Paul Levy, energetic head of the Center City District, hates it when I call downtown a "bedroom community" where the residential population has been rising a lot faster than office space or corporate employment.
But that only confirms a lot of well-off people like to live in Center City, wherever they work. The district today published an interesting report that shows, among other things:
- A little less than half the working people who live in Center City have jobs there. One-quarter commute out to the suburbs. Most of the rest work elsewhere in Philadelphia - except around wealthy Rittenhouse Square, where nearly one-fifth of the population works in New York or some other "Out of Area" location.
- Around one in three Center City workers walk to their job. Almost as many "reverse commute" by car. About a quarter take Septa or Patco. 6% work at home; 5% bike.
- Philadelphia "is weathering the recession much better than other places," at least partly because we didn't inflate so much:
Philadelphia ranks with energy-rich Dallas and Denver as places where home prices are off less than 10% since the market peaked three years ago.
By contrast, in the speculative Sun Belt wreckage of Phoenix and Miami and Las Vegas, home prices are down 50% or more. Philadelphia also has lost less than Boston (-15%), New York (-21%) or Washington DC (down 27%, which looks pretty suspicious. They must be counting depressed Baltimore and-or overbuilt Northern Virginia.)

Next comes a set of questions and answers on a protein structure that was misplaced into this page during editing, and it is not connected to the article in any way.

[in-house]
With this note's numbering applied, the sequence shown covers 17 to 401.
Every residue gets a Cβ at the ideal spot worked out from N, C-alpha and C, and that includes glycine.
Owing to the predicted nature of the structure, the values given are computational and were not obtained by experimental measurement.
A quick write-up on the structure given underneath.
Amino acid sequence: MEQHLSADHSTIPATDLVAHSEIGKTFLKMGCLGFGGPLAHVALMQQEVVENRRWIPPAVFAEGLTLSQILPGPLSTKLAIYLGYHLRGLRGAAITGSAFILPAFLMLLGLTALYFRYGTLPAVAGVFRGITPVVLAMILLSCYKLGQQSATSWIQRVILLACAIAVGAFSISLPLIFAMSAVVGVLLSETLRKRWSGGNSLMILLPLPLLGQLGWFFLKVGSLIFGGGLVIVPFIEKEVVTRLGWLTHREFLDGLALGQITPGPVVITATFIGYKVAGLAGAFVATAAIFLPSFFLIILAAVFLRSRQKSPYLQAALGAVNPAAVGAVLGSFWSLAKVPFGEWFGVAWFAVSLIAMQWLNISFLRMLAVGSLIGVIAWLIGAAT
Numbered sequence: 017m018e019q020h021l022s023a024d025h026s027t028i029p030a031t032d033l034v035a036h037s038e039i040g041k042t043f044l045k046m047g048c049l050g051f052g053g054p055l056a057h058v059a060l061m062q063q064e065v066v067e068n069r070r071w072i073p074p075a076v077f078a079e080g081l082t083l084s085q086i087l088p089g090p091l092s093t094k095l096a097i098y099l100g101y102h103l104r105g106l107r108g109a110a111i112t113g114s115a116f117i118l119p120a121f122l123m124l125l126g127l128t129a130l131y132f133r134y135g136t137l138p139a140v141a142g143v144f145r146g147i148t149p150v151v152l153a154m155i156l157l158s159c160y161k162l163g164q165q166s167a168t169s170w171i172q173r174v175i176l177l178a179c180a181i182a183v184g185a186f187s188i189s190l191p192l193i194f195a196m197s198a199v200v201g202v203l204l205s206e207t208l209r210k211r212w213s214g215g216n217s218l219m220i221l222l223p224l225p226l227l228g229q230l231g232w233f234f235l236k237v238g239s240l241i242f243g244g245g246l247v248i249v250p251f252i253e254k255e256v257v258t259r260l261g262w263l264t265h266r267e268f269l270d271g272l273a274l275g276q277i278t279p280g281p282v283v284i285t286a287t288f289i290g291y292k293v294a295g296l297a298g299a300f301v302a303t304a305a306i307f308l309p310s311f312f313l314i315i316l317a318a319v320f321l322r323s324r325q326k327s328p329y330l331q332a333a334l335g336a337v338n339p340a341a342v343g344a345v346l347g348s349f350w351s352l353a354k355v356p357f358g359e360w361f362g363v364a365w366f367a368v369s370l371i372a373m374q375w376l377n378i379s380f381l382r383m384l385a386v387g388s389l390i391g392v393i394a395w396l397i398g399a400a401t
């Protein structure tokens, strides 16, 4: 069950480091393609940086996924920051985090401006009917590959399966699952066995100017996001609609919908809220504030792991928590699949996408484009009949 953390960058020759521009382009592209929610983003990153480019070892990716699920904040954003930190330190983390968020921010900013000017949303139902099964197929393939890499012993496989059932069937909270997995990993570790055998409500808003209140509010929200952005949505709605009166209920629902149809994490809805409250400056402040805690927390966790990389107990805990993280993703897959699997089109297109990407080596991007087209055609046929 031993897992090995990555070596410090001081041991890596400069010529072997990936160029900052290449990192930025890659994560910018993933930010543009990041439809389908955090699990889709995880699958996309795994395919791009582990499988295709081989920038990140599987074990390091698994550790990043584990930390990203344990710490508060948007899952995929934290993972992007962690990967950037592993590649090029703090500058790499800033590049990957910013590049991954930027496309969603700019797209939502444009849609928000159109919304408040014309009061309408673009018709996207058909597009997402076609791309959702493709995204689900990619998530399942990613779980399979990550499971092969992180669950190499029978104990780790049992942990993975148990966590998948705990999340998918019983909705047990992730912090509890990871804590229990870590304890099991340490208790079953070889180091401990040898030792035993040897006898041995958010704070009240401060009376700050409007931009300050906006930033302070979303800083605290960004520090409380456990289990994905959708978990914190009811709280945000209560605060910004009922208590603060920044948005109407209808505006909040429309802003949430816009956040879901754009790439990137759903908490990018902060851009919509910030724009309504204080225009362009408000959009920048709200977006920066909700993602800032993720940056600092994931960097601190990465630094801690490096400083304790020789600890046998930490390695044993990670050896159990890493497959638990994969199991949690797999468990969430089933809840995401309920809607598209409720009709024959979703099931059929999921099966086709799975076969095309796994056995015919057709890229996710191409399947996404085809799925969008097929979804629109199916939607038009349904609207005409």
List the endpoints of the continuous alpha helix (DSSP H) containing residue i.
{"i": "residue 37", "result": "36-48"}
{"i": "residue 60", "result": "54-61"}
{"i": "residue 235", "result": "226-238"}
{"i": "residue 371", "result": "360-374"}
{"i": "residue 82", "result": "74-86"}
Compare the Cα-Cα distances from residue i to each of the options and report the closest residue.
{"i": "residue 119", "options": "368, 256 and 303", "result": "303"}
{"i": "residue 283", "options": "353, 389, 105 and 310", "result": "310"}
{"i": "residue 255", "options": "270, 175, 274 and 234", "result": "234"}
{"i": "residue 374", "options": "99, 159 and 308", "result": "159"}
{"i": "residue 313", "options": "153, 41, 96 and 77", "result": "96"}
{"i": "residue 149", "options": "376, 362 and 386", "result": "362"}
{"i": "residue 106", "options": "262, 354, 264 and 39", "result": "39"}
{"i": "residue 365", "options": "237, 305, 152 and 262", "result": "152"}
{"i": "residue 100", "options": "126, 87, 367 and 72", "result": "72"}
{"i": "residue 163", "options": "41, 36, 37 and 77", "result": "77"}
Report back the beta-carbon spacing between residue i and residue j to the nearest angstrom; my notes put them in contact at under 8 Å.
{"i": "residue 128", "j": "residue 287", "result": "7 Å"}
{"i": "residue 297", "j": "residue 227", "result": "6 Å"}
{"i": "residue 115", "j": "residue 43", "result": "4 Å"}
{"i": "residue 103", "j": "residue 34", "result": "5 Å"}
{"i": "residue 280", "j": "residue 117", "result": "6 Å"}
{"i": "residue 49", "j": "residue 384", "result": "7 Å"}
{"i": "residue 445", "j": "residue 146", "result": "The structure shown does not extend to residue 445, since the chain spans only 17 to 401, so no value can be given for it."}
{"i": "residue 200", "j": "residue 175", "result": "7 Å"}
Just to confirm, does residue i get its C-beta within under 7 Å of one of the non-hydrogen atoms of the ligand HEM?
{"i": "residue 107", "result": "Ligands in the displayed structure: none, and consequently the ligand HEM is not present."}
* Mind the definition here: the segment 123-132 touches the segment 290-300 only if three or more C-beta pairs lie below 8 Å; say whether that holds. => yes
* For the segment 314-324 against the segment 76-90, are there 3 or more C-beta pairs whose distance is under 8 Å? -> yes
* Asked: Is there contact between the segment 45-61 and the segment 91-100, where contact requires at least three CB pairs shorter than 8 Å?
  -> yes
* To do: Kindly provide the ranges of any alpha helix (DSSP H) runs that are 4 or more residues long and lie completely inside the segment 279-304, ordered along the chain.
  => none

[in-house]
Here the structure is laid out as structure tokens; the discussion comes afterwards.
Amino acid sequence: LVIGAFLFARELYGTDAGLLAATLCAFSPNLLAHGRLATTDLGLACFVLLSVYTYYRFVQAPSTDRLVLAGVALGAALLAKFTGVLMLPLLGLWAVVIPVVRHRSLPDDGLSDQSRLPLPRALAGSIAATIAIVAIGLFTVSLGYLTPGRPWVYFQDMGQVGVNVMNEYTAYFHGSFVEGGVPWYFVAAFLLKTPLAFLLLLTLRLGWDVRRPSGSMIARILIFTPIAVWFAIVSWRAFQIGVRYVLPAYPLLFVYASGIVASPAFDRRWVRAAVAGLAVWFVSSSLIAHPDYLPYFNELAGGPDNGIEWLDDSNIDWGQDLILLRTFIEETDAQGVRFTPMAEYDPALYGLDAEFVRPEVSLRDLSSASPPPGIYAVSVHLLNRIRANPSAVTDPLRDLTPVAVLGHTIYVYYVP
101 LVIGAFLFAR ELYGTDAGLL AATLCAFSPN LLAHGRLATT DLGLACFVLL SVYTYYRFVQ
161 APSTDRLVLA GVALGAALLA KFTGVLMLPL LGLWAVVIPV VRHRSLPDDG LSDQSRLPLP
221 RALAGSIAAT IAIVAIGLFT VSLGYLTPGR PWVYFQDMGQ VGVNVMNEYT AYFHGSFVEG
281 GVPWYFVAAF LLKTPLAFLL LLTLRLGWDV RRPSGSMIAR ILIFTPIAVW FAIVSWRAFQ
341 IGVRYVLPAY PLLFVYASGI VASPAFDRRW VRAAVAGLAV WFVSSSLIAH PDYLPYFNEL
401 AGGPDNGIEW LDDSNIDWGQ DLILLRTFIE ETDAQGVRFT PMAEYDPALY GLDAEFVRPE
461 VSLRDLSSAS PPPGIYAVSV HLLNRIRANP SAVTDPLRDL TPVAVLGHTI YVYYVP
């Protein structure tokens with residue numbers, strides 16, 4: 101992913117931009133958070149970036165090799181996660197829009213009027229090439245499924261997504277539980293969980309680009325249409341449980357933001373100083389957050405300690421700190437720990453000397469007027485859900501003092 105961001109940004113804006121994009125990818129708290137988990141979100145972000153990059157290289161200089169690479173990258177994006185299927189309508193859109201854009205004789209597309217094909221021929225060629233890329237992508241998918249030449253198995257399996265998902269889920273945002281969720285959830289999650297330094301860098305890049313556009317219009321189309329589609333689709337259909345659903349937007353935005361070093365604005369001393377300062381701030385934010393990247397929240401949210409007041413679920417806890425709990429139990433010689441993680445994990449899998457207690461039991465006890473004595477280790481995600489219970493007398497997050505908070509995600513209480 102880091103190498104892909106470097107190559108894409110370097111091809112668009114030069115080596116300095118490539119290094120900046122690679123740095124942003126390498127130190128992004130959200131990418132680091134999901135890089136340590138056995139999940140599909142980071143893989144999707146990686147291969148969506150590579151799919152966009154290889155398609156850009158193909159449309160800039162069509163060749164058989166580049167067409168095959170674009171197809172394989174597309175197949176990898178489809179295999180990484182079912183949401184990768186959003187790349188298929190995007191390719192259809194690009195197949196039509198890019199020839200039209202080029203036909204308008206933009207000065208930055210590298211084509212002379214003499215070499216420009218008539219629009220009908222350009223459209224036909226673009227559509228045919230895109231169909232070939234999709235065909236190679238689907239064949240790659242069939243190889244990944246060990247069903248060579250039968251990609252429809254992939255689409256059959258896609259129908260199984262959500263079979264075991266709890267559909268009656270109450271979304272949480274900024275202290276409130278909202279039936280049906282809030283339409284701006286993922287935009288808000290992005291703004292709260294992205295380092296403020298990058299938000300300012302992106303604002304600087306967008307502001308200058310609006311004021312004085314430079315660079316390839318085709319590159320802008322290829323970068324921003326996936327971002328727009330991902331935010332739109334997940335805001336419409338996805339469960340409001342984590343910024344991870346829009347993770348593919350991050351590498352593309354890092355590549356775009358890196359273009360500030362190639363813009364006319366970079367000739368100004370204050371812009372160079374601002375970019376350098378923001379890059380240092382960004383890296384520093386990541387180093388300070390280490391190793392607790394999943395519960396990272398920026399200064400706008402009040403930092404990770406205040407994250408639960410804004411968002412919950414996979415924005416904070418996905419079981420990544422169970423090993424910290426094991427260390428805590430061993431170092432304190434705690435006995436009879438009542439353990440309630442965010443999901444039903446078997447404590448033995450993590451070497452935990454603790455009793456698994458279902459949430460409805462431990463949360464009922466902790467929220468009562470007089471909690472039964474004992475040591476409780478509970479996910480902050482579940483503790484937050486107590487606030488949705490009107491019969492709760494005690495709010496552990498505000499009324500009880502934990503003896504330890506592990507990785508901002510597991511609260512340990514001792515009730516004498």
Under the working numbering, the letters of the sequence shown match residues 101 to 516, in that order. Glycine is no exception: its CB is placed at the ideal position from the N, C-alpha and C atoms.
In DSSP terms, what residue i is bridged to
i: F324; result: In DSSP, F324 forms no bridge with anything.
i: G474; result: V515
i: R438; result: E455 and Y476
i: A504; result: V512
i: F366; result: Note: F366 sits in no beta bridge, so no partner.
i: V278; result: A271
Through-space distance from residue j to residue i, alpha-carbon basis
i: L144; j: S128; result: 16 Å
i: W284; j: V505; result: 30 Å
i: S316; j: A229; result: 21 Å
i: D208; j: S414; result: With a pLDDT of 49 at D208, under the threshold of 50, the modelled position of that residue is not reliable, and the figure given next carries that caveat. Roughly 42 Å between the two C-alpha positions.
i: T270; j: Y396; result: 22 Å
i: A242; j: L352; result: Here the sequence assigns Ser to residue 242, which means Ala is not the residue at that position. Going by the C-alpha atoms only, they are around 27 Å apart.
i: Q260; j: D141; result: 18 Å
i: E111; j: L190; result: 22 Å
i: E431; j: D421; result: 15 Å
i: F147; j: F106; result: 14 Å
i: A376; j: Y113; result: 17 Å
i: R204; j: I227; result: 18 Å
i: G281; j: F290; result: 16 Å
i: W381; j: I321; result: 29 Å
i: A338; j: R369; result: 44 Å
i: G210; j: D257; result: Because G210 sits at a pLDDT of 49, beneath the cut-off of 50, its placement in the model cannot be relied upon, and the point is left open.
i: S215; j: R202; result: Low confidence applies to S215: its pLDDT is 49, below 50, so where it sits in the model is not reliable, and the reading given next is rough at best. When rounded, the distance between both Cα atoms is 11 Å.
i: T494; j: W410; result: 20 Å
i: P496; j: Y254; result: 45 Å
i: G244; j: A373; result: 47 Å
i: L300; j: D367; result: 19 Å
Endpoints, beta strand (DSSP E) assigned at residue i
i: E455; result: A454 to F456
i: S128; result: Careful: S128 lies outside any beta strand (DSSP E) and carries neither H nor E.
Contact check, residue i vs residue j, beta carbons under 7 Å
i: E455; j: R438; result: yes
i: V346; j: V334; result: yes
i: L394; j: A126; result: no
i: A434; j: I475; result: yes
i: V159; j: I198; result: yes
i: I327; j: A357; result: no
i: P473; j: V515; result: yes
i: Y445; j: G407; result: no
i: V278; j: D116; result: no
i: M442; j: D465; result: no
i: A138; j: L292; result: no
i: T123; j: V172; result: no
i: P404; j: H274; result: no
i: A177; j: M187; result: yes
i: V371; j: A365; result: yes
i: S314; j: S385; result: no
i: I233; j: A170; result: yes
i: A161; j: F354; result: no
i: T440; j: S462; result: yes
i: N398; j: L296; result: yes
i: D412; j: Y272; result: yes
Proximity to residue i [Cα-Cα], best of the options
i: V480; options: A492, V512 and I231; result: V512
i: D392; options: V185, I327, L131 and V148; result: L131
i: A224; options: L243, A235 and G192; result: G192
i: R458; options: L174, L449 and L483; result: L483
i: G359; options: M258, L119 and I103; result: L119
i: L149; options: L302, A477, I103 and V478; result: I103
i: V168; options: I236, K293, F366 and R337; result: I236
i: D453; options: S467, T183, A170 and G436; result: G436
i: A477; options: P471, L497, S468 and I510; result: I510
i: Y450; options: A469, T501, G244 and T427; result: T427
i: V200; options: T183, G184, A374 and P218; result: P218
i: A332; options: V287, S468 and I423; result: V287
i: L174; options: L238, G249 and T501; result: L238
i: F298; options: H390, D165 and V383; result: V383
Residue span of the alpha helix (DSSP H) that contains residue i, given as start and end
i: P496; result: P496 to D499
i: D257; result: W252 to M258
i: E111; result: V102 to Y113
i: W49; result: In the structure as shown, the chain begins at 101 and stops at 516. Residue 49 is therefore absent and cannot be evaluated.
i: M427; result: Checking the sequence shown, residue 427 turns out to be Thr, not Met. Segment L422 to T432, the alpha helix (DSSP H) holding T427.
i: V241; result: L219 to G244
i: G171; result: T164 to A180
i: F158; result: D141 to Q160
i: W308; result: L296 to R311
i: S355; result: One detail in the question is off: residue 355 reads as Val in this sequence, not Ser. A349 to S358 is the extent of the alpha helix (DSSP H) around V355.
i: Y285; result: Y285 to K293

- Of 2,500 units built in "20 Major Condo Projects" in Philadelphia in 2003-10, more than one-third (around 900) are still vacant.
- The district tells us it's gotten tough to find an open apartment among the 39,000 rental in Center City. Though there are nice unsold condos for rent......
- Center City home sales rose to 548 in the first three quarters of the year, up from 438 a year ago; average price rose 2% to $490,000. But unit constructions/conversions have slowed, to just 237 so far this year, from over 1,500 each year in 2006-2008.